Personally one of my favourite styles, Fauvism came around early 20th century and was centred around a group of artists that called themselves “les Fauves” (the beasts). As a group they only lasted around 3 years and had only 3 exhibitions. Nevertheless they changed the world of art as we know it.
Fauvism In Art
As the name of a group conveys it, their brushwork was kind of wild and colours were indeed flashy. Some classify Fauvism as a step forward from the impressionism with added pointillism (painting with dots) and some abstraction.
They exercised pure colours, sometimes taken right from the tube just like one of their ascendants Gaugin said: "How do you see these trees? They are yellow. So, put in yellow; this shadow, rather blue, paint it with pure ultramarine, these red leaves? Put in vermillion.”
Recognised around 1906 for his Fauvism works full of intense colours, he continued a great artist career till his deathbed creating more monumental works after changing his styles and techniques in the next couple of decades.
Sharing a studio with Vlaminck and working really close with Matisse, they experimented on the new style they found and started to dub their works as les Fauves in 1905. Later after their movement collapsed he moved to Montmartre to be closer to his friend Picasso gaining more popularity in the 1910th.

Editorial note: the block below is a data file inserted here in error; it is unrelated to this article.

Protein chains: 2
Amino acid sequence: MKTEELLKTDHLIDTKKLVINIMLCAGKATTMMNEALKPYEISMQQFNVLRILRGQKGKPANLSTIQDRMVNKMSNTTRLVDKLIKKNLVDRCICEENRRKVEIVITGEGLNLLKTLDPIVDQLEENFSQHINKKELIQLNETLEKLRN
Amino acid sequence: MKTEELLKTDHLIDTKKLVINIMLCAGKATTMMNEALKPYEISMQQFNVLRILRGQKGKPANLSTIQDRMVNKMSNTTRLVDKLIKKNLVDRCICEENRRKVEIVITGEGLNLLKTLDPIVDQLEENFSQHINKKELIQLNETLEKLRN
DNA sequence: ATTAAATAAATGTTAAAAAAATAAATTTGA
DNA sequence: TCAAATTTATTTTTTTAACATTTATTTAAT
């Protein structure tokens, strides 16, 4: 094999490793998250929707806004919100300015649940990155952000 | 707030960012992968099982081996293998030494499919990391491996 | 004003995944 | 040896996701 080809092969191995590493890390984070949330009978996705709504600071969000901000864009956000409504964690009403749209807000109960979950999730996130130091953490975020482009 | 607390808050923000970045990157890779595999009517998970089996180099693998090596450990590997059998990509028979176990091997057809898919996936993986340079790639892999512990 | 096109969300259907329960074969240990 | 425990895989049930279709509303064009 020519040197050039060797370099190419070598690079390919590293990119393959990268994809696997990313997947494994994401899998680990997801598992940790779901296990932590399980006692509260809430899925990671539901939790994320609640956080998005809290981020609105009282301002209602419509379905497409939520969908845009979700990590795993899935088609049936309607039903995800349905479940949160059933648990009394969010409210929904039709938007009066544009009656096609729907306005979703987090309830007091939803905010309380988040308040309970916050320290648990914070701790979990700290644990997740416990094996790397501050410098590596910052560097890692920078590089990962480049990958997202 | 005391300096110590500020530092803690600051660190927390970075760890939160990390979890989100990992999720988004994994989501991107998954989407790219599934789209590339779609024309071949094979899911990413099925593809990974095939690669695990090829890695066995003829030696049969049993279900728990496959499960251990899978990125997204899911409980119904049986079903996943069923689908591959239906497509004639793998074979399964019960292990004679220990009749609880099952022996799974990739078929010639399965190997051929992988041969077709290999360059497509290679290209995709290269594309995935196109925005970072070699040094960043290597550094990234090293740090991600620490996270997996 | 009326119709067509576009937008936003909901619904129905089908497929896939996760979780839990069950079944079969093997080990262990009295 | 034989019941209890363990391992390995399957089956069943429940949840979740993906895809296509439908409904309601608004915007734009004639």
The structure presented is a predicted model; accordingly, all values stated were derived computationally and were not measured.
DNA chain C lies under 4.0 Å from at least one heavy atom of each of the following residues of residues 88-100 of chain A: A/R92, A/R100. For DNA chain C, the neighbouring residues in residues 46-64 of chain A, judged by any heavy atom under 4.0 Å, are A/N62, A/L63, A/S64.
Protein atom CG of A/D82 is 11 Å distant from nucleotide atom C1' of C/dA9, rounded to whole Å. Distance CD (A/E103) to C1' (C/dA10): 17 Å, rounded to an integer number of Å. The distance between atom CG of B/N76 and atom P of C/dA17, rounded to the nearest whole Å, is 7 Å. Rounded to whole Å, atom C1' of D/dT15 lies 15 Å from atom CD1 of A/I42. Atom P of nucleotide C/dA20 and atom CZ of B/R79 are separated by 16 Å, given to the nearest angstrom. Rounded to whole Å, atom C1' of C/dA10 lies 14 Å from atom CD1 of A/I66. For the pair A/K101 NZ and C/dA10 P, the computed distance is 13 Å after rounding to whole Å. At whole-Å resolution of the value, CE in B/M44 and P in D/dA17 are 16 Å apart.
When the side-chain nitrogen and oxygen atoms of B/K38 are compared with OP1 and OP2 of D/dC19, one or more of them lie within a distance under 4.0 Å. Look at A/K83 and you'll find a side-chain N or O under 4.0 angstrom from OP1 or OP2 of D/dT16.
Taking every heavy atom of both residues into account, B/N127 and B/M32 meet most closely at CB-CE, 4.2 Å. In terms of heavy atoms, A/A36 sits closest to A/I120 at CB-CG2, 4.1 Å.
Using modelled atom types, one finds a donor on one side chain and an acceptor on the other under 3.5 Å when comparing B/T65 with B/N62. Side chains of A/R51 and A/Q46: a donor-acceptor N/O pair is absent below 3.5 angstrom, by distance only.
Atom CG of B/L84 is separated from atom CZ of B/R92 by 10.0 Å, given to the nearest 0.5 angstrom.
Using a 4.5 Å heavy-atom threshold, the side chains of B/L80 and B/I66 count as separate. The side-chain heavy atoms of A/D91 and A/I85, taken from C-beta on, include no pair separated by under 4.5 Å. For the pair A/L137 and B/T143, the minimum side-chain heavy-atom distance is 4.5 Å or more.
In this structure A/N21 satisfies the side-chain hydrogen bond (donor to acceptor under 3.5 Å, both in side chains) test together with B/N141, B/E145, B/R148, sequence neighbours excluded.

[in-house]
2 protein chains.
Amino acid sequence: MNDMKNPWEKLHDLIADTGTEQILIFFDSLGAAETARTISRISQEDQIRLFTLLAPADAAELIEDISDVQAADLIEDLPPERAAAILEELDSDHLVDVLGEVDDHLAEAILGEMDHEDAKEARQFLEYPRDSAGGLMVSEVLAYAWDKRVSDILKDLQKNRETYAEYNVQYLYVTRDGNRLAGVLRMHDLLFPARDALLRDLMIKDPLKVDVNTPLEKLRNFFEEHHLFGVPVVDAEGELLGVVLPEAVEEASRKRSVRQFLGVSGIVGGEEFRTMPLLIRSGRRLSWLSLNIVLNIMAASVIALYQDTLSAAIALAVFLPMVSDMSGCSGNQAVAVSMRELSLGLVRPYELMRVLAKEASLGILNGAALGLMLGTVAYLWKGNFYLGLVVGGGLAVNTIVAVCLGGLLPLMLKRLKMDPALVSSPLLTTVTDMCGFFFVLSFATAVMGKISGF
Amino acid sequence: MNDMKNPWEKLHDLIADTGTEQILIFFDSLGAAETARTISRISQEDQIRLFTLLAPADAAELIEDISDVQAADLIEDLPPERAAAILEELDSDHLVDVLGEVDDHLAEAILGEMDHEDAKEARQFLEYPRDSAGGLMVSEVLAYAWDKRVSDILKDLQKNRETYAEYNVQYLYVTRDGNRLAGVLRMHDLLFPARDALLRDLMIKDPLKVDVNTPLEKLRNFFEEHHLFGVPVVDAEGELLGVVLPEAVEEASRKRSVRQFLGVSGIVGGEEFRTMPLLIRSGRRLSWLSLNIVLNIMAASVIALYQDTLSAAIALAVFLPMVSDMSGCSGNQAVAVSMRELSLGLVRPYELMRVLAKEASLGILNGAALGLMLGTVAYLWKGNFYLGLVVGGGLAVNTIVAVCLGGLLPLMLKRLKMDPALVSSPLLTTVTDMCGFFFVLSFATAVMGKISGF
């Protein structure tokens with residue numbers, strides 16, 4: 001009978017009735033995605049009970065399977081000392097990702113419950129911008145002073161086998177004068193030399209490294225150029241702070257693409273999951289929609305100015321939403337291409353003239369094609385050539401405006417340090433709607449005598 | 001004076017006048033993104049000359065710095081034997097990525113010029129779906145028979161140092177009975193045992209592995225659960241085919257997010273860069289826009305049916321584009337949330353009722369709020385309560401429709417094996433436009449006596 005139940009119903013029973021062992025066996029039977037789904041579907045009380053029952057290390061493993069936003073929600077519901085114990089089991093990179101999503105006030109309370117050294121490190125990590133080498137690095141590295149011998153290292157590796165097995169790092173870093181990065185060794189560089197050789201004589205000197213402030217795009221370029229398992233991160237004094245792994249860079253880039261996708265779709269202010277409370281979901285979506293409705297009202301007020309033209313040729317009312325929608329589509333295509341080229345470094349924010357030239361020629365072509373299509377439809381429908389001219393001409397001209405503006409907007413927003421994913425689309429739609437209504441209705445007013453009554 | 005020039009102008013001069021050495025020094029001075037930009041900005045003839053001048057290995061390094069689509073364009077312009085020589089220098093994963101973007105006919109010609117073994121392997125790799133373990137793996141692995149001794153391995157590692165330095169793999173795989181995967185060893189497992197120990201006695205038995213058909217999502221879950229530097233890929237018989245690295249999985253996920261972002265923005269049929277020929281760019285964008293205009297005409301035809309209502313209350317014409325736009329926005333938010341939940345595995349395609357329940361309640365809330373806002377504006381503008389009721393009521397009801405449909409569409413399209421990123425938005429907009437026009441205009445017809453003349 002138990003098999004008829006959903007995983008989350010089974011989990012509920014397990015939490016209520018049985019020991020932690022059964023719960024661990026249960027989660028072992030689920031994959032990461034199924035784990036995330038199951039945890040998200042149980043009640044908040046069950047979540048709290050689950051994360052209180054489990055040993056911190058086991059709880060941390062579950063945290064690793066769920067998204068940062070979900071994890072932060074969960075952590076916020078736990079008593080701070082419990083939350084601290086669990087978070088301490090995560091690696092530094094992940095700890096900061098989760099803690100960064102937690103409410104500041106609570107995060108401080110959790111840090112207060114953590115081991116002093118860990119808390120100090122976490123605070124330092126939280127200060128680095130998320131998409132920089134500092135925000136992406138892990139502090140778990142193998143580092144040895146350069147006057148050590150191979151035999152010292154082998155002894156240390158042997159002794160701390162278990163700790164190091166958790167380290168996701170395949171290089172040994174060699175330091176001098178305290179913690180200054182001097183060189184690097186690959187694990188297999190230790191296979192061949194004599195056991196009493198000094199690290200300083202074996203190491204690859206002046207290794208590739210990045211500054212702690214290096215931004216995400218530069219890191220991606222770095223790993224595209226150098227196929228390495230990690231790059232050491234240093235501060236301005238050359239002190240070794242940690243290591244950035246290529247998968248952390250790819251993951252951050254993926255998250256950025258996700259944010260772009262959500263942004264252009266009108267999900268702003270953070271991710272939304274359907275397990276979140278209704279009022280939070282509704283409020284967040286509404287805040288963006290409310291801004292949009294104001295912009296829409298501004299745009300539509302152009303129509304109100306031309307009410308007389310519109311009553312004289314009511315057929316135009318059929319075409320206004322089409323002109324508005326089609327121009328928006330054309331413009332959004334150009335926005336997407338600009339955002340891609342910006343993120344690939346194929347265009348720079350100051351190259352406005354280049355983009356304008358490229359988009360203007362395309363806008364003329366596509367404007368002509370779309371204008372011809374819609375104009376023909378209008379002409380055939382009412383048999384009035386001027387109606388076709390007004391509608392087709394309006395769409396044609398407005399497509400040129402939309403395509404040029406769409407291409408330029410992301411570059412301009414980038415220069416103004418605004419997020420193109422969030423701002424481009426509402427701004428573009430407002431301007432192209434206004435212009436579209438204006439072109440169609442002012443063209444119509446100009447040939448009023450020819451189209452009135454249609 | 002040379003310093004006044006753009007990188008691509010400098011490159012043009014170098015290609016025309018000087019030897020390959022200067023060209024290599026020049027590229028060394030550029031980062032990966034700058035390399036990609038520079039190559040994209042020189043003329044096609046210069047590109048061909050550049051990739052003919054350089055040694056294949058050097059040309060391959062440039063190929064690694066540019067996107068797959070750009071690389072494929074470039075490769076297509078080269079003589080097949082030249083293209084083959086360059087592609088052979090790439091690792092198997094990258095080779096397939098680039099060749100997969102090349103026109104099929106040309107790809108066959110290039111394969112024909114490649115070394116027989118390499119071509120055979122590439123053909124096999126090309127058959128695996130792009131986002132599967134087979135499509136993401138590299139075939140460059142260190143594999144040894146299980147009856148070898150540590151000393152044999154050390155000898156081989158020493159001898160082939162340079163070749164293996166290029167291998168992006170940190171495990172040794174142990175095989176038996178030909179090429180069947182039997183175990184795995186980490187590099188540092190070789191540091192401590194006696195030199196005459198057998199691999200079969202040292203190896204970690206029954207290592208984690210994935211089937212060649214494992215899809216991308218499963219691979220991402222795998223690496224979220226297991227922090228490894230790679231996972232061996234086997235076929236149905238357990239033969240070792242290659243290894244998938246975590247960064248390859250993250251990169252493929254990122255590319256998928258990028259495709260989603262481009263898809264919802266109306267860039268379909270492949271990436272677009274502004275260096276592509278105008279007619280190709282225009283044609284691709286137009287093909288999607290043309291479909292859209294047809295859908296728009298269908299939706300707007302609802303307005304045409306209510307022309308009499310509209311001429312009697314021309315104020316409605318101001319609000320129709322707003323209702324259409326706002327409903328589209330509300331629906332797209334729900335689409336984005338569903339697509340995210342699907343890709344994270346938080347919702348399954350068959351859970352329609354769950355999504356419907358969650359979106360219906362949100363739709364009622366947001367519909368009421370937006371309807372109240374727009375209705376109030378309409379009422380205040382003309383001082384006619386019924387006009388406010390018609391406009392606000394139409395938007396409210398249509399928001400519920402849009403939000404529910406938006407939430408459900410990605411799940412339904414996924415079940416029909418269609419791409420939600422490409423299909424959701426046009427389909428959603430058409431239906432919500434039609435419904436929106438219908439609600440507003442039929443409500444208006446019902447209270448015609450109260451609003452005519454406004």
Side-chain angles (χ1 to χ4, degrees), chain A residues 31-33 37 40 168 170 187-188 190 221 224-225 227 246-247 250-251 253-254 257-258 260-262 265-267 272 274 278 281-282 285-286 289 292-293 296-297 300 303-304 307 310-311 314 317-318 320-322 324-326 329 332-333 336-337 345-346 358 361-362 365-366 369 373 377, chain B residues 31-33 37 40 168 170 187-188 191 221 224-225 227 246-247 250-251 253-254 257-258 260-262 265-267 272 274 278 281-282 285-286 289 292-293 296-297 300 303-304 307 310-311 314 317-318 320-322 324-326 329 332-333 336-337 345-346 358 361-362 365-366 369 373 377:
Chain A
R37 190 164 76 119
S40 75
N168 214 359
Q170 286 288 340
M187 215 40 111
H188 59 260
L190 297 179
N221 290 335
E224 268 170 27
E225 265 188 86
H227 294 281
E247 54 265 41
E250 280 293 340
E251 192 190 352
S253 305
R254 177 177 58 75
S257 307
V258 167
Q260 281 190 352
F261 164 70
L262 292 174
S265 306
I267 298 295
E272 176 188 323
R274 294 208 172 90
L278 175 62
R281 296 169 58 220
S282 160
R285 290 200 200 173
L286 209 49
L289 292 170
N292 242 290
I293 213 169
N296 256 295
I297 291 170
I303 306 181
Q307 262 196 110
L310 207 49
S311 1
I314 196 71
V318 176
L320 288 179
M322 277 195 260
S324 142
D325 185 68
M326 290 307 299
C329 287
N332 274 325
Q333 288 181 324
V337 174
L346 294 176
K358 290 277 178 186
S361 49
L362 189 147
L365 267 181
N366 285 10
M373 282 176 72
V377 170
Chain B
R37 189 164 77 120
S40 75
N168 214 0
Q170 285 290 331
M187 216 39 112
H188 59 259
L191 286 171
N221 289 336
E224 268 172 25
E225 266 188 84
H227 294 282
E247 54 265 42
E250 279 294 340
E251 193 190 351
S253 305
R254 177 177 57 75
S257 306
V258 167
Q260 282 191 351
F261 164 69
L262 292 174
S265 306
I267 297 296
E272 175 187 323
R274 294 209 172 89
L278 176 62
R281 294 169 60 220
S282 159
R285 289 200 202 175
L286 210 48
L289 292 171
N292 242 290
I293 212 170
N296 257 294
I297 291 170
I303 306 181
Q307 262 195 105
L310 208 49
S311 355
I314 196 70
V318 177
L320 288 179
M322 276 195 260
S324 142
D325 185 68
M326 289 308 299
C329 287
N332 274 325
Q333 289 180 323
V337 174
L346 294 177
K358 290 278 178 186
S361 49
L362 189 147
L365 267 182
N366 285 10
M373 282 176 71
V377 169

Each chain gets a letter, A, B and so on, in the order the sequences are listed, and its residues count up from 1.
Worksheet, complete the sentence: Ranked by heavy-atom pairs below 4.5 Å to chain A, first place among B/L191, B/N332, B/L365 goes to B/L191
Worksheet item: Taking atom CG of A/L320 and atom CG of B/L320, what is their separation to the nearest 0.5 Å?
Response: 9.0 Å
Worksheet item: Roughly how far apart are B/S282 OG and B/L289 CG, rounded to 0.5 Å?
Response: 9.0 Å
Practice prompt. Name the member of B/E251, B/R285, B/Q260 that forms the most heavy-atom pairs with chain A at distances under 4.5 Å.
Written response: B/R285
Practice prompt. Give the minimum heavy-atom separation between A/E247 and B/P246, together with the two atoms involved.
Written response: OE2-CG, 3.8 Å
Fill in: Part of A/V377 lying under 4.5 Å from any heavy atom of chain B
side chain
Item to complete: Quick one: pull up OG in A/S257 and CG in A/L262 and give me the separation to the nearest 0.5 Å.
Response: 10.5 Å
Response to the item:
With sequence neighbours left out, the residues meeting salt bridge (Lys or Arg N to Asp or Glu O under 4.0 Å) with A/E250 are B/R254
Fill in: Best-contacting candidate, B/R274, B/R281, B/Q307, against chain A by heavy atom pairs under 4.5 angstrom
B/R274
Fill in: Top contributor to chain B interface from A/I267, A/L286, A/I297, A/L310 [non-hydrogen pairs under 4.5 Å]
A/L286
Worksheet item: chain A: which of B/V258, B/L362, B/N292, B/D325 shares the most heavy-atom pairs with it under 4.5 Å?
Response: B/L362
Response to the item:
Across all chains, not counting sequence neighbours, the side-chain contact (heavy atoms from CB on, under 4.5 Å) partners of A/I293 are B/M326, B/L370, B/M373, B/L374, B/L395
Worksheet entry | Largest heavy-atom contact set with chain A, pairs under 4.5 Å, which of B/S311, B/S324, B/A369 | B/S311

Maurice de Vlaminck
Though his most groundbreaking paintings “At the Bar” and “Man Smoking Pipe” were made in 1900 he was one of the centre figures in the Fauvism movement. Probably the one most influenced by Van Gogh in this group he took it even further by starting to “reconstruct” the objects into the streaks and lines of intense colour.
Another close member of the movement he was called “Donatello of the wild beasts” for showcasing his paintings in contrast with the renaissance-style sculptures. Most of his works were the portraits of his wife and landscapes.
Unlike many in the art world he only seriously started painting way later in his 40s. Before that he was a tax collector. Ridiculed by critics at the time he was recognised later as a self-taught genius. “No other teacher than nature” is what he said about his mentors.